It was a brisk and bright day on Saturday, as three of the Elementary Sisterhood gathered at the Bowes Museum, Barnard Castle, for a day of events…
First up, we hosted our own readings and discussion event in the beautiful Jubilee Room, which is definitely a close contender for “nicest room I’ve ever done a reading in” (the room in York Library, where we’re launching our second Ricardian anthology, is also up there).
It’s always nice to listen to others talk about what inspires their writing, as well as what’s coming up next for them, and I particularly enjoyed reading about Abelard and Heloise.
It’s one of my favourites of the Kindred Spirits Shorts I’ve written so far. There were also a couple of really good questions from the audience, about the perception of historical female characters in fiction, and how that changes, and whether the ‘happy ever after’ ending in fiction is always the most realistic version of events.
After lunch, Alex hosted an interesting workshop on female characters, and after a fun game of character-creation, I found myself writing about Julie Pond, an 80-year-old crocodile hunter with a great sense of humour (I suppose you might need one, in that line of work!). Combining this with a visit to the exhibition featuring interpretations of the “Death of Lucretia” made for an interesting piece of flash fiction, and something which might, after a bit of work, become a short story. Although, she won’t be 80 in my story. Not wanting to sound ageist, but there probably aren’t many crocodile hunters still active in their eighties, and less again at that age going on a first date to an art exhibition, which is where my story ended up! There will be editing, but the idea is definitely something I’ll be sticking with…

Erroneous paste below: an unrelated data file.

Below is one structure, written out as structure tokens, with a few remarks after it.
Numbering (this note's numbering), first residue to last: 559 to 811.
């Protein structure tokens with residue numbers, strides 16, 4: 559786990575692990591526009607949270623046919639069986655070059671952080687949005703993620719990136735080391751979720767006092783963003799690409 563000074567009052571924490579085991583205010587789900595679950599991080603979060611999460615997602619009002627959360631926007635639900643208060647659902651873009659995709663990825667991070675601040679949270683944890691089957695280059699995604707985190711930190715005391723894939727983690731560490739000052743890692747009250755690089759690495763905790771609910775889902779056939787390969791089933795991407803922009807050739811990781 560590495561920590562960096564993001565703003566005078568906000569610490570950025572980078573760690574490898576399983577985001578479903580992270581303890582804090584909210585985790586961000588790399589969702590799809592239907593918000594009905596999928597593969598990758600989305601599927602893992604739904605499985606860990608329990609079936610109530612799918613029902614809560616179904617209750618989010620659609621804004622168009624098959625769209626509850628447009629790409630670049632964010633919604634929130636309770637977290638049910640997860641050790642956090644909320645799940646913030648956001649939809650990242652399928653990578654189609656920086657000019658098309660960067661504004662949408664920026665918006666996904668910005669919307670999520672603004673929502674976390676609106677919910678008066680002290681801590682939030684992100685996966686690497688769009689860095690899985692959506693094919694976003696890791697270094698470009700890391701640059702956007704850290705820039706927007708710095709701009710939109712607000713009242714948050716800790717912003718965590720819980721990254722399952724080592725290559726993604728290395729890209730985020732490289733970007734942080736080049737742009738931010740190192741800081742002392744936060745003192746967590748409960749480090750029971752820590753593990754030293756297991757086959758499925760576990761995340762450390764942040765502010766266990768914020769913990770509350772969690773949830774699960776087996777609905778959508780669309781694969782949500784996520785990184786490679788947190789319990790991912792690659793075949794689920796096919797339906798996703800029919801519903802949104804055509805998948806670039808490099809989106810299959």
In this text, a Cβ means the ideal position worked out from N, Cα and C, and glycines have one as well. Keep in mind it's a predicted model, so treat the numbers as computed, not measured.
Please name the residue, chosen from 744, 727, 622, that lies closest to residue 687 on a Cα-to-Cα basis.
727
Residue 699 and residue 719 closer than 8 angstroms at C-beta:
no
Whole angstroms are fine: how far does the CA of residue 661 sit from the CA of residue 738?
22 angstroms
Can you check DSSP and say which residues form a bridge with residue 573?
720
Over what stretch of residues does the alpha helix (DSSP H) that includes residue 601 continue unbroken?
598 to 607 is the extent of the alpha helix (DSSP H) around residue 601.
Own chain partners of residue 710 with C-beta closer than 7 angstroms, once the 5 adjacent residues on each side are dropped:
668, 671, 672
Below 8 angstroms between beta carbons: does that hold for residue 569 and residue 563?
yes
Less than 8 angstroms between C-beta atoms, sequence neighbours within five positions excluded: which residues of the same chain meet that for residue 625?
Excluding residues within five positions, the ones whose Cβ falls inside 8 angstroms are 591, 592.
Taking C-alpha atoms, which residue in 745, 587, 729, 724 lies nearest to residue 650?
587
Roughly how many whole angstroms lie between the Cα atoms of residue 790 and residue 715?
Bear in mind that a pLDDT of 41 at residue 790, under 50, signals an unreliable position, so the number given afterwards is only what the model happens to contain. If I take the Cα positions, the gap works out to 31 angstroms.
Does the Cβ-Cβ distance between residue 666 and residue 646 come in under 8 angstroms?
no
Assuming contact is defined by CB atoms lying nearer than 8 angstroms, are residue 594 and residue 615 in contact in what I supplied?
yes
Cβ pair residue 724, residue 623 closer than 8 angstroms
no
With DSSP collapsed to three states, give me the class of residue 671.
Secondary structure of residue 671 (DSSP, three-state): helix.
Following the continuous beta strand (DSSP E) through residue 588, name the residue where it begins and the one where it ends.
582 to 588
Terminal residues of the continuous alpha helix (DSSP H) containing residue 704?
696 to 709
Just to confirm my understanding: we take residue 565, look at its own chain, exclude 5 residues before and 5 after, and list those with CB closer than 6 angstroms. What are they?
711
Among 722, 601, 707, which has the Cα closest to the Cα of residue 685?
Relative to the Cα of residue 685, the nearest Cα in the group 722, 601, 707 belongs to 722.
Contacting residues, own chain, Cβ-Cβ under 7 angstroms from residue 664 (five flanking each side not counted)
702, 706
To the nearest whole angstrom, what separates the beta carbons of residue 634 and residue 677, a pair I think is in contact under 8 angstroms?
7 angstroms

For the final part of the day, Penny and I headed out into the museum itself, just in time to see the wonderful silver swan, the exhibit the museum is probably most famous for. We didn’t hear the talk, but got to see the mechanism start off, and the bird catch its lunch – a gorgeous, glittering fish.
There is so much to see in the museum that we actually left the last couple of rooms to do next time. With our annual passes, we are planning to revisit in spring, and see the exhibition of pre-Raphaelite arts which is in the pipeline. There was time to see the Lego replicas of some of the most popular items though, and some of the more modern pieces, which had been created by artists inspired by the Bowes museum, items in the original collections, or the materials used by the artists represented. As a wind farm nerd, I loved the below set of drawings on paper, of various turbines. Just shows that modern items, and interpretations, can be as beautiful and interesting as their historical counterparts!
I’m really looking forward to getting back to the Bowes in warmer weather, and exploring some of Barnard Castle too – there’s a link to Richard III after all, and that’s always a great excuse to do anything!
Don’t forget, you can still buy the Sisterhood Anthology from Amazon here, in either ebook or paperback.